The defense attorney representing all three men charged in the killing of Ahmaud Arbery argued this week that the treatment of one of his clients could be described as a “public lynching.”
Defense attorney Kevin Gough, who represents Travis and Greg McMichael as well as their neighbor William Bryan, attempted to ask the judge yet again for a mistrial. Gough argued that the court proceedings have been influenced by outside activists and media coverage.
Judge Timothy Walmsley denied the request, ABC news reported.
"Third parties are influencing this case," Gough said, adding that the trial has been "infected by mob violence by the left woke mob."
He said the media and public figures showing up outside the courtroom have negatively affected the trial.
"This is what a public lynching looks like in the 21st century," Gough said.
Hundreds of Black pastors gathered outside the Glenn County Courthouse this week to make a "Wall of Prayer." Many of the pastors carried signs, some of which read, "Black pastors matter."
Gough had originally motioned for a mistrial, citing the prominence of Black pastors throughout the proceedings.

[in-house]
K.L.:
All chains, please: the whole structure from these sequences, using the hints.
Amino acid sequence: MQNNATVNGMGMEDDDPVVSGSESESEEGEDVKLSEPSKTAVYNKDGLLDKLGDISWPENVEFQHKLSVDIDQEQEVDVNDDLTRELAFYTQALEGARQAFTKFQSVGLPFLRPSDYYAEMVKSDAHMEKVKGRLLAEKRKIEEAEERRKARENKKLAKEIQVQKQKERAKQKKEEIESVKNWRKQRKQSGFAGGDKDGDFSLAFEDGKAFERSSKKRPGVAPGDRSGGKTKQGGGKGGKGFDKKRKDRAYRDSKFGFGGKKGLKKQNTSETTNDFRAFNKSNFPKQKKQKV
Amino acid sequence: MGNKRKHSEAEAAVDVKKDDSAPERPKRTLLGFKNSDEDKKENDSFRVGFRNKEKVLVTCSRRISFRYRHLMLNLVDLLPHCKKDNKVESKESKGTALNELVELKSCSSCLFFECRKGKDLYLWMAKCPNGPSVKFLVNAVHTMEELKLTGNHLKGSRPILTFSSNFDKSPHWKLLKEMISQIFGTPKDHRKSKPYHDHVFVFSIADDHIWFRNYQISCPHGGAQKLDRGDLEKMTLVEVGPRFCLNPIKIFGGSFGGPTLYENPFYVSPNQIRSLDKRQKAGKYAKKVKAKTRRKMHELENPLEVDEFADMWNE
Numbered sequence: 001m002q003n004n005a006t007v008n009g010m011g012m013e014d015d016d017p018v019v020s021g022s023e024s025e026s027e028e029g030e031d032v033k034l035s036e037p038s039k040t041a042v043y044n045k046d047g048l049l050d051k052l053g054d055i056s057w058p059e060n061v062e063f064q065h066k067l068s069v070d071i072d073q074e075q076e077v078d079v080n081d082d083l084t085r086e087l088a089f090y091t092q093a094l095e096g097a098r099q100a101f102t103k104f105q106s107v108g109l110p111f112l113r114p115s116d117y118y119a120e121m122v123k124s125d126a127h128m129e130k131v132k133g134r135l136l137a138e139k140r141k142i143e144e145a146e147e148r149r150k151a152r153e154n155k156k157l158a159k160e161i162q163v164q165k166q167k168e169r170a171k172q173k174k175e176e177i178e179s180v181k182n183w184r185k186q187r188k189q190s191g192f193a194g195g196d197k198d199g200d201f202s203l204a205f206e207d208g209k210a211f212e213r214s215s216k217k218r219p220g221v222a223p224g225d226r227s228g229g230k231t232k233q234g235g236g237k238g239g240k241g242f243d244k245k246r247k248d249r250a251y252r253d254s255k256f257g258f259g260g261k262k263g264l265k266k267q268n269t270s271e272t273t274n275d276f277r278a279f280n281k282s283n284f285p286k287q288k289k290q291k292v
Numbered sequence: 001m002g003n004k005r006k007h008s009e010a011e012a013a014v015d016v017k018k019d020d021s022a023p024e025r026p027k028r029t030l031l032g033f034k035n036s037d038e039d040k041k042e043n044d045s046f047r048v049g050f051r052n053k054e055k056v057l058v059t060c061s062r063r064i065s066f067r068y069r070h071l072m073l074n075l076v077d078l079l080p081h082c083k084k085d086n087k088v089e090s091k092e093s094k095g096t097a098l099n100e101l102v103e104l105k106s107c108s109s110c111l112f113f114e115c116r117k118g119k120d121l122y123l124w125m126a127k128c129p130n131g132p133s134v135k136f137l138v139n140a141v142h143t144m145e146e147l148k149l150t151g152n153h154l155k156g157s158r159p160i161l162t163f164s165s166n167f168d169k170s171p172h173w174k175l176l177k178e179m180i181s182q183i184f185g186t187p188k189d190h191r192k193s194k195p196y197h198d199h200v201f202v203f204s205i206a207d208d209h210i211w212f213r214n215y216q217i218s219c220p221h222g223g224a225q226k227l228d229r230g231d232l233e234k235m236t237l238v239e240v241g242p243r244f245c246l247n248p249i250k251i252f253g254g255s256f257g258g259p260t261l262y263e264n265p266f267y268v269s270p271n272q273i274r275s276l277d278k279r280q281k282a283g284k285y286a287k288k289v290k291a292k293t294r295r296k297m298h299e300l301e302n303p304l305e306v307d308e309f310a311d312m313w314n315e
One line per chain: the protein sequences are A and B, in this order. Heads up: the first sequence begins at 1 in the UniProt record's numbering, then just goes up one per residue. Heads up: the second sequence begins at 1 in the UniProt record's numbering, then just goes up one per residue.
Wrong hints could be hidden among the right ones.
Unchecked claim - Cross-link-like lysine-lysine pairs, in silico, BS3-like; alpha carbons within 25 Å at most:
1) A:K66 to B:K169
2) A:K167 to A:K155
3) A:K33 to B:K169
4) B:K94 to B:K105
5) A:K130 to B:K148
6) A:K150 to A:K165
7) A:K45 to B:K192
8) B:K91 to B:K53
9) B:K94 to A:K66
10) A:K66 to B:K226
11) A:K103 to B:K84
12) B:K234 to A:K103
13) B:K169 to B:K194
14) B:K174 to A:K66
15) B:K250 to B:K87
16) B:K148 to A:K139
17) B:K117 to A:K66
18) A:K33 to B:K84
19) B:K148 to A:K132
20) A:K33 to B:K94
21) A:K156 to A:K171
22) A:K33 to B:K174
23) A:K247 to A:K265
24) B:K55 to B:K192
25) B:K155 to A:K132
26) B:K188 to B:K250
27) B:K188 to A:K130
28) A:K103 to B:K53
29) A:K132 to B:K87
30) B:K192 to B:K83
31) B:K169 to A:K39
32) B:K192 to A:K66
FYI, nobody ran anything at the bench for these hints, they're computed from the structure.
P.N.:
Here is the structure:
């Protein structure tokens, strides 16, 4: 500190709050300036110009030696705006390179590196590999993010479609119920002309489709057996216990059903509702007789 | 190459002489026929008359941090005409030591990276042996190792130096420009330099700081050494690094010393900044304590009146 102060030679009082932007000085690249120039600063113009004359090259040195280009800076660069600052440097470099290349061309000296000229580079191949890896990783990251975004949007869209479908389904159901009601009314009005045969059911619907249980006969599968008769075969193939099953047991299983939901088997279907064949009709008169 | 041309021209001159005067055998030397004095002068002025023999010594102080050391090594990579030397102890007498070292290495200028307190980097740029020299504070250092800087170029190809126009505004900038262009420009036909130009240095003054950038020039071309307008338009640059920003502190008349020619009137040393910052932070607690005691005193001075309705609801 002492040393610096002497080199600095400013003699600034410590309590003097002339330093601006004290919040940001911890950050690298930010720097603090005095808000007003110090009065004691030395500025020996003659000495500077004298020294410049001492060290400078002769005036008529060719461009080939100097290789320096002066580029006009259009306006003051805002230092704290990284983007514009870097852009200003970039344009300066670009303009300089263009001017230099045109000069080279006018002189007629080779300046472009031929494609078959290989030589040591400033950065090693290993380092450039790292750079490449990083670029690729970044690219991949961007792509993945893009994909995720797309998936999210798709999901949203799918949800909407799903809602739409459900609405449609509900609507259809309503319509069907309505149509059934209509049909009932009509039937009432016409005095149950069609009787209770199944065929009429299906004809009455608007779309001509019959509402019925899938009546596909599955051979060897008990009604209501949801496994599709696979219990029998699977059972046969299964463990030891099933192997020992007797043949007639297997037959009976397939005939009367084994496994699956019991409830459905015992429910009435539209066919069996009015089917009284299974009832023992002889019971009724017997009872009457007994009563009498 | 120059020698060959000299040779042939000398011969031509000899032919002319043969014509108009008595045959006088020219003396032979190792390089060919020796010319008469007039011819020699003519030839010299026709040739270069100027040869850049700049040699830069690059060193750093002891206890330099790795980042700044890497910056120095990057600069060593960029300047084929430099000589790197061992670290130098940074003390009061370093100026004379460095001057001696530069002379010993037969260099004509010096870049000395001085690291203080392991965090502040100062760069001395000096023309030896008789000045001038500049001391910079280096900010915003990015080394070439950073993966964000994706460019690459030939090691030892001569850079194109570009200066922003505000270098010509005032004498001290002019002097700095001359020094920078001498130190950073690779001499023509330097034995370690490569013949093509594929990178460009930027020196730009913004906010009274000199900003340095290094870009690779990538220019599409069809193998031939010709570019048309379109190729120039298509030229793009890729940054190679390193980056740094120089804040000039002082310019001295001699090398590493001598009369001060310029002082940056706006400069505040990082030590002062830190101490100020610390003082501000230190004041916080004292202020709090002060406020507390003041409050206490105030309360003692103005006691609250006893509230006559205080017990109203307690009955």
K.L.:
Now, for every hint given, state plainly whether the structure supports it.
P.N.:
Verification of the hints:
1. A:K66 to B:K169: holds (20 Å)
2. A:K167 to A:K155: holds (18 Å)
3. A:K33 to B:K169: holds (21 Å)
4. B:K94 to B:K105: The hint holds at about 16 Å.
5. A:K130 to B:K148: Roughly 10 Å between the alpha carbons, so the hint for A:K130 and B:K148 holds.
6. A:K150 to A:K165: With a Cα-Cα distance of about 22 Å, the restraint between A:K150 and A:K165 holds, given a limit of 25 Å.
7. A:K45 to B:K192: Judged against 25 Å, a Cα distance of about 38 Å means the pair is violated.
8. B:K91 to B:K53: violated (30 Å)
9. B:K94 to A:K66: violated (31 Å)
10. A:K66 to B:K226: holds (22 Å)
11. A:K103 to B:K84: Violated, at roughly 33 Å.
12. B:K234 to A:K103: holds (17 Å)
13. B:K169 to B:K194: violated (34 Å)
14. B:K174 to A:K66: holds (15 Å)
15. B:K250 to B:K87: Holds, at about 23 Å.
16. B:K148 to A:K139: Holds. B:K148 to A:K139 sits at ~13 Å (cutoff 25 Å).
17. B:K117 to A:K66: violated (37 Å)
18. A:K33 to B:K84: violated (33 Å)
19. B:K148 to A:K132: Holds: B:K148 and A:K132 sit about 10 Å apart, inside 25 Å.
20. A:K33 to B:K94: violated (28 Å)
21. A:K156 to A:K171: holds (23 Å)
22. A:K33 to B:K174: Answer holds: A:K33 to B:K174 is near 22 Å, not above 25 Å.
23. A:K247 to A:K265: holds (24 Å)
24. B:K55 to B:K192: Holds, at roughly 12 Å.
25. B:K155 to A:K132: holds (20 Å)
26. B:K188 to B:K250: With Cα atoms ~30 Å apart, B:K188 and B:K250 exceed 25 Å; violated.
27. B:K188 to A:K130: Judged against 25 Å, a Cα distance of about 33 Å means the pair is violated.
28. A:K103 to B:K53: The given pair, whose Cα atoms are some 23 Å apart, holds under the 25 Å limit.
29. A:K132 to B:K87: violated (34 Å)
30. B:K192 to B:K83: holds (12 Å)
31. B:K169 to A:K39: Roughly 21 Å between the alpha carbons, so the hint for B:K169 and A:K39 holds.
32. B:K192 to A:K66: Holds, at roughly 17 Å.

"How many Black pastors does the Ahmaud Arbery family have?" Gough said to the judge, arguing that their presence put pressure on the jury.
However, Walmsley admonished the lawyer. “What we have now with individuals coming into the courtroom, I will say that is directly in response, Mr. Gough, to statements you made which I find reprehensible,” the judge said.
Arbery was shot and killed in 2020 while he was jogging. Travis McMichael said that he shot Arbery in self-defense.
Travis McMichael, his father, Greg McMichael, and Bryan followed Arbery on his jog because they thought he was breaking into multiple homes.
However, Travis McMichael said on the stand that Arbery never threatened him or showed a weapon.
"There's absolutely no evidence here that the jurors have been influenced in any way by the first and only larger crowd that came yesterday, no evidence that they even knew it was out there," prosecutor Linda Dunikoski said when Gough asked for a mistrial, according to ABC News.
The Hill has reached out to Dunikoski and Gough for comment.